The most important part of her column she recaps the relevant Supreme Court cases bearing on the Court's interpretation of the 14th Amendment, the relevant portion of which says that, "All persons born or naturalized in the United States and subject to the jurisdiction thereof, are citizens of the United States and of the state wherein they reside."
Here are the Supreme Court opinions Coulter cites:
Supreme Court opinion in the Slaughterhouse cases (1873):Of all the developed countries in the world only the U.S. and Canada confer citizenship on children born on our soil. It's a policy based upon a distorted reading of the Constitution and supported by Democrats because they want Hispanic votes and by Republicans because they want cheap labor.
“(N)o one can fail to be impressed with the one pervading purpose found in (the 13th, 14th and 15th Amendments), lying at the foundation of each, and without which none of them would have been even suggested; we mean the freedom of the slave race, the security and firm establishment of that freedom, and the protection of the newly-made freeman and citizen from the oppressions of those who had formerly exercised unlimited dominion over him.”
Supreme Court opinion in Ex Parte Virginia (1879): “[The 14th Amendment was] primarily designed to give freedom to persons of the African race, prevent their future enslavement, make them citizens, prevent discriminating State legislation against their rights as freemen, and secure to them the ballot.”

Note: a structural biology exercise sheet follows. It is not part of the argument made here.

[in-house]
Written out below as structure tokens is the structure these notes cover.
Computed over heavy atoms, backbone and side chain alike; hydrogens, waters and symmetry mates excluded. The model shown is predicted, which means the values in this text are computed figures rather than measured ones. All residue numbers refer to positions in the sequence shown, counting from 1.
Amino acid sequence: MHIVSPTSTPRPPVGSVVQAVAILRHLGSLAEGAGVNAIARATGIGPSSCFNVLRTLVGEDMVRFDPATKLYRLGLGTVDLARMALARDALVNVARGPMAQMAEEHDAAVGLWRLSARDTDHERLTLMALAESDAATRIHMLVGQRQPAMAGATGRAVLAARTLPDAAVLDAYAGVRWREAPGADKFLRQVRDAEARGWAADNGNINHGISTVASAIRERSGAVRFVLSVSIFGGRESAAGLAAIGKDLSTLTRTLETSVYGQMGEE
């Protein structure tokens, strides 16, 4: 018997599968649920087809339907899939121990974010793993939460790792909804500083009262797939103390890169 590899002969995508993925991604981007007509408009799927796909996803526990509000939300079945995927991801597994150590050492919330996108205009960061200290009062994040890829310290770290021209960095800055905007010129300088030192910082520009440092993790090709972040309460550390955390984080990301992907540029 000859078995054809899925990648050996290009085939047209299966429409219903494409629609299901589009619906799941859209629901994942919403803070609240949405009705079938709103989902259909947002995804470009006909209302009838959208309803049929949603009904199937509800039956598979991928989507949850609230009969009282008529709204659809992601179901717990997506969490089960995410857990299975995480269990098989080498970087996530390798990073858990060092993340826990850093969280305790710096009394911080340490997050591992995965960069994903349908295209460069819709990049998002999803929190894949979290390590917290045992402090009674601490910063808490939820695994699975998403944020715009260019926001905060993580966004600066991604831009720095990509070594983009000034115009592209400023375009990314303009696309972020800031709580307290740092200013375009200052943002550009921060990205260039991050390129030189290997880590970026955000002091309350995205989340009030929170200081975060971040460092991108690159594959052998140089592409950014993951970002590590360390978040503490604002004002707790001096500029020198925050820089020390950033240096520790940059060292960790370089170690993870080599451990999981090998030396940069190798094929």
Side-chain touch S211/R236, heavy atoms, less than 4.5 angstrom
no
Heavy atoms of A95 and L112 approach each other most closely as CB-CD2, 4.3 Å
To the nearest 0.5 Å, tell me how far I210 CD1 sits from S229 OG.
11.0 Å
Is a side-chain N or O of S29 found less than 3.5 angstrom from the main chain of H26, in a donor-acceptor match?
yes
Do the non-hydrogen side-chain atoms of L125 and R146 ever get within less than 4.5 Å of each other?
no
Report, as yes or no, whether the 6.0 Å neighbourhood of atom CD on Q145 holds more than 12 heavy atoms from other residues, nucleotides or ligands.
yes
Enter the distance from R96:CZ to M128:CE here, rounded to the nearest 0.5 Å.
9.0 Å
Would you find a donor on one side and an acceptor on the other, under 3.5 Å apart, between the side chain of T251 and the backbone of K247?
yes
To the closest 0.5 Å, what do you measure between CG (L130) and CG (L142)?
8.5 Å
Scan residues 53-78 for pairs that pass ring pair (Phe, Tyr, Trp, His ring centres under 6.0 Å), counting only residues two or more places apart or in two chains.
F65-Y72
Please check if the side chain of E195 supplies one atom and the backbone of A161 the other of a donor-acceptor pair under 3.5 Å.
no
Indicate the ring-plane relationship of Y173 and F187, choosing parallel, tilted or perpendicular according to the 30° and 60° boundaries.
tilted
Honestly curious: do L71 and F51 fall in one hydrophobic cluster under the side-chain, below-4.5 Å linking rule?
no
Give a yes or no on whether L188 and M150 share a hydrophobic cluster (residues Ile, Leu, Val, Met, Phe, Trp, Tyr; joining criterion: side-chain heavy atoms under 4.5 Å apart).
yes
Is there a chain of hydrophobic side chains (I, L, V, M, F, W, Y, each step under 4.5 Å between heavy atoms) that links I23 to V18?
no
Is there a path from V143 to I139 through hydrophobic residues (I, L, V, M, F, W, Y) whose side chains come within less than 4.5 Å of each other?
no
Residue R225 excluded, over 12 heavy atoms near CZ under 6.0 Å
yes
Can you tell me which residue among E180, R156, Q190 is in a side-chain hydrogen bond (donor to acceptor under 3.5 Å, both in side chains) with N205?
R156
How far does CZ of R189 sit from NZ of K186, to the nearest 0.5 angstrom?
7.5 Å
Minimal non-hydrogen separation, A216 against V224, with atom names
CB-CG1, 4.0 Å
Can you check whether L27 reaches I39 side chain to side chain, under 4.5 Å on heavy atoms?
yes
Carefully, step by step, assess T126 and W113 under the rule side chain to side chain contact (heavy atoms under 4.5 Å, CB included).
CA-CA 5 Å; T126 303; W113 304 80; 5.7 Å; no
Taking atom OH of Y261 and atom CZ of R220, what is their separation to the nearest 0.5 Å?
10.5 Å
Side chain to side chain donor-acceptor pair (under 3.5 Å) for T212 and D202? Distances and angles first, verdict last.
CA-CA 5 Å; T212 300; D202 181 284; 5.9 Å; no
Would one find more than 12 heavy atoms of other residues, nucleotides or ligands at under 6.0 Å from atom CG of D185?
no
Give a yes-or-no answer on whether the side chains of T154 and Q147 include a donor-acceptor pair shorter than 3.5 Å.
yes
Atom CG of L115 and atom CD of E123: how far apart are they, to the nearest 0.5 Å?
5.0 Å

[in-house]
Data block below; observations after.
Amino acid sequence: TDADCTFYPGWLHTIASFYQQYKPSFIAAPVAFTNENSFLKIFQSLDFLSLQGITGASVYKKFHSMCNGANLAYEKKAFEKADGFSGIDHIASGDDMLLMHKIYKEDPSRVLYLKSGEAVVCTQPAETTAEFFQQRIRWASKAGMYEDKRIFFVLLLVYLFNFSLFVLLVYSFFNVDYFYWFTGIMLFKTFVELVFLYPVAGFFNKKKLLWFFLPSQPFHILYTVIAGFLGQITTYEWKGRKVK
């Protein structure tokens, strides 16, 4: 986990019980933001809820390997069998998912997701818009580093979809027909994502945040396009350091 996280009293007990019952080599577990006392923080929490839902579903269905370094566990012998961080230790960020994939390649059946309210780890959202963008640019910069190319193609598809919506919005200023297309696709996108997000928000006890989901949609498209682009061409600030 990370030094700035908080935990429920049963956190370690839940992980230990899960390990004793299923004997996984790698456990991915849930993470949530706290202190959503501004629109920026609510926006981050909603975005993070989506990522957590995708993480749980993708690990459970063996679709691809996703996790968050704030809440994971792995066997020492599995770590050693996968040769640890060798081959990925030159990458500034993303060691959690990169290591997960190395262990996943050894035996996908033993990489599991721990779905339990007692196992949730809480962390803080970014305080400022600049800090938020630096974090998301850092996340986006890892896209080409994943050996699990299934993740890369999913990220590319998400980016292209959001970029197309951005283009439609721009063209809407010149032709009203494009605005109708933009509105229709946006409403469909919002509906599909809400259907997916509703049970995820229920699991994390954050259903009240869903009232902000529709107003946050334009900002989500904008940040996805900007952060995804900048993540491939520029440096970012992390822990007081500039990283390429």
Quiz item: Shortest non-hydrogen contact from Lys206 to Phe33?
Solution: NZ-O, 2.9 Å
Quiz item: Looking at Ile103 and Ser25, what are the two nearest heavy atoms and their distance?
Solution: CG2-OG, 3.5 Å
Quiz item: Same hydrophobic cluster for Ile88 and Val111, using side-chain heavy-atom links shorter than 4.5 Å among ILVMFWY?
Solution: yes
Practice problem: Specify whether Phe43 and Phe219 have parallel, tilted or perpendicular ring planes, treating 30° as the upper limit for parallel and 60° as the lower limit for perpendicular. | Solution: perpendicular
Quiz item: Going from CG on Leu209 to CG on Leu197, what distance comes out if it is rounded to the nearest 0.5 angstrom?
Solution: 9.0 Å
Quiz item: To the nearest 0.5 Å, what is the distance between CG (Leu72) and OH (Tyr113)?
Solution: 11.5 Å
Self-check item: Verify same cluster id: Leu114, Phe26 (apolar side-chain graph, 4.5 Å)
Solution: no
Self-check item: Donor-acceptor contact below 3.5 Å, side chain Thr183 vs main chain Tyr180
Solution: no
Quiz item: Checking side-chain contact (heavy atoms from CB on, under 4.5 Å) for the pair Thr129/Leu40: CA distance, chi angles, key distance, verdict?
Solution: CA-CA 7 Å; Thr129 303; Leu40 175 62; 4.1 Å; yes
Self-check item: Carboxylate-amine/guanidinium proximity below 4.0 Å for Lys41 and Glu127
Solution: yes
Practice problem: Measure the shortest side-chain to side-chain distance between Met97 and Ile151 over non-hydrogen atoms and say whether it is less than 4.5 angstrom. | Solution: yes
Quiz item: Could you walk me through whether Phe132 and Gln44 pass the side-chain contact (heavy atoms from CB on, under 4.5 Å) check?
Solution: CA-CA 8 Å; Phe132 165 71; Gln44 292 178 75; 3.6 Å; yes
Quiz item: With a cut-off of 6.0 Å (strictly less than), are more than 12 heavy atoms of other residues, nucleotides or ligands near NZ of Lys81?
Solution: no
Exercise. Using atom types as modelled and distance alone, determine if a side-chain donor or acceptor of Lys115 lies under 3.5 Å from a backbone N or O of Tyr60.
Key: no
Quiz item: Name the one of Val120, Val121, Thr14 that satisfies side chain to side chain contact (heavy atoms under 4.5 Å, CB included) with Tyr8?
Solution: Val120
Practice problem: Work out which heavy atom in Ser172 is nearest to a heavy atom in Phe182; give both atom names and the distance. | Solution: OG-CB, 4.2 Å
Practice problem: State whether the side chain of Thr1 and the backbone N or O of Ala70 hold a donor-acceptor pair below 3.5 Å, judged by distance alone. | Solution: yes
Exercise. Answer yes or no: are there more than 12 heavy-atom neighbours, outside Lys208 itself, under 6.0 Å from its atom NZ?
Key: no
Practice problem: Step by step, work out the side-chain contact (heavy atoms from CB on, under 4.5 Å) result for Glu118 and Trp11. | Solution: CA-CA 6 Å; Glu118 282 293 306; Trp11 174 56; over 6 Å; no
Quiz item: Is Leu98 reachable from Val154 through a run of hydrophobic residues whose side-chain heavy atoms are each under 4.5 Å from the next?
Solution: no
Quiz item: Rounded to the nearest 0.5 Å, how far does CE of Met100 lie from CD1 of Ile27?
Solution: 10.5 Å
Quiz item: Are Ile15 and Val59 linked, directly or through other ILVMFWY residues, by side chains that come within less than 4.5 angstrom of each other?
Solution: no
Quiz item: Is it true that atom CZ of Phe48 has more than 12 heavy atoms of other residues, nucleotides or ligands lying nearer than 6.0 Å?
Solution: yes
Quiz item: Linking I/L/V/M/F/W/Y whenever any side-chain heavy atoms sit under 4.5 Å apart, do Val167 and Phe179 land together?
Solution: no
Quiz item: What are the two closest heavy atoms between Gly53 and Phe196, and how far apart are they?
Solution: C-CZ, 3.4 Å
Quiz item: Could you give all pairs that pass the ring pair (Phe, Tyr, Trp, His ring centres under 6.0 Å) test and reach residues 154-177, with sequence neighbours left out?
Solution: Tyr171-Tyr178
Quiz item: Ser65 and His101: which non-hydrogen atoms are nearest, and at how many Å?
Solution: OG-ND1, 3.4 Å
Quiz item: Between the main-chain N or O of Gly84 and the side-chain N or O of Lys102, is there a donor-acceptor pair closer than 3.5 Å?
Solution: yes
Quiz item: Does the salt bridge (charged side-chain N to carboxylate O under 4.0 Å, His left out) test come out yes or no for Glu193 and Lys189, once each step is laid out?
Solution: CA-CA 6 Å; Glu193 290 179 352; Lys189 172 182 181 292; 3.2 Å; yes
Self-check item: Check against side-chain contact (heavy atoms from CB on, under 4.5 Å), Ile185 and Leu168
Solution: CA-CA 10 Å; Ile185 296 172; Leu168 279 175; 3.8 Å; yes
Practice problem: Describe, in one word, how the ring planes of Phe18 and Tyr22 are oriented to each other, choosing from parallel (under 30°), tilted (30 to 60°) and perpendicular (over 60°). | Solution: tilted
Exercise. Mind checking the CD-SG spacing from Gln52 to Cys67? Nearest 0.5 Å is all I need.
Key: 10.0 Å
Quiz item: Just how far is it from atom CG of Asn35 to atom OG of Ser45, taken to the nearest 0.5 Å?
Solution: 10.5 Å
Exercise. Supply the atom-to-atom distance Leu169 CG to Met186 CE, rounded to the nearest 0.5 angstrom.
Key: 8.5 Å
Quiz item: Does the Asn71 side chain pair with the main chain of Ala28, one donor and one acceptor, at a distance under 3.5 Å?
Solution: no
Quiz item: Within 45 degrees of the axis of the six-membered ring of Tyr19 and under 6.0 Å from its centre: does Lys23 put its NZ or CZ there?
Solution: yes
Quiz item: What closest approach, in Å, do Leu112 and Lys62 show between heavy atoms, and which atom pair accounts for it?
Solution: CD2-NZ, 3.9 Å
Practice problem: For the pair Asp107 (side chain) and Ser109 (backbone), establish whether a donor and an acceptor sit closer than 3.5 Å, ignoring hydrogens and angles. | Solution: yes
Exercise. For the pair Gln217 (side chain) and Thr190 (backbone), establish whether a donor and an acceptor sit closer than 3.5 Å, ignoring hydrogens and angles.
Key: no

Supreme Court opinion in Strauder v. West Virginia (1880): “The 14th Amendment was framed and adopted … to assure to the colored race the enjoyment of all the civil rights that, under the law, are enjoyed by white persons, and to give to that race the protection of the general government in that enjoyment whenever it should be denied by the States.”
Supreme Court opinion in Neal v. Delaware (1880) (majority opinion written by Justice John Marshall Harlan, who was the only dissenting vote in Plessy v. Ferguson): “The right secured to the colored man under the 14th Amendment and the civil rights laws is that he shall not be discriminated against solely on account of his race or color.”
Supreme Court opinion in Elk v. Wilkins (1884): “The main object of the opening sentence of the 14th Amendment was … to put it beyond doubt that all persons, white or black, and whether formerly slaves or not, born or naturalized in the United States, and owing no allegiance to any alien power, should be citizens of the United States … The evident meaning of (the words, “and subject to the jurisdiction thereof”) is, not merely subject in some respect or degree to the jurisdiction of the United States, but completely subject to their political jurisdiction, and owing them direct and immediate allegiance. … Persons not thus subject to the jurisdiction of the United States at the time of birth cannot become so afterward, except by being naturalized …”
One has to leap forward 200 years from “the founding of the republic” to find the first claim that kids born to illegal immigrants are citizens: To wit, in dicta (irrelevant chitchat) by Justice William Brennan, slipped into the footnote of a 5-4 decision in 1982.
As Coulter points out 70% of illegal aliens are being subsidized by American taxpayers. Coulter is a big Trump fan largely because Trump promises to end birthright citizenship, but beyond his populist Huey Long-type rhetoric there's no reason in his history to think he will. It's almost certain, however, that no Democrat president will end it.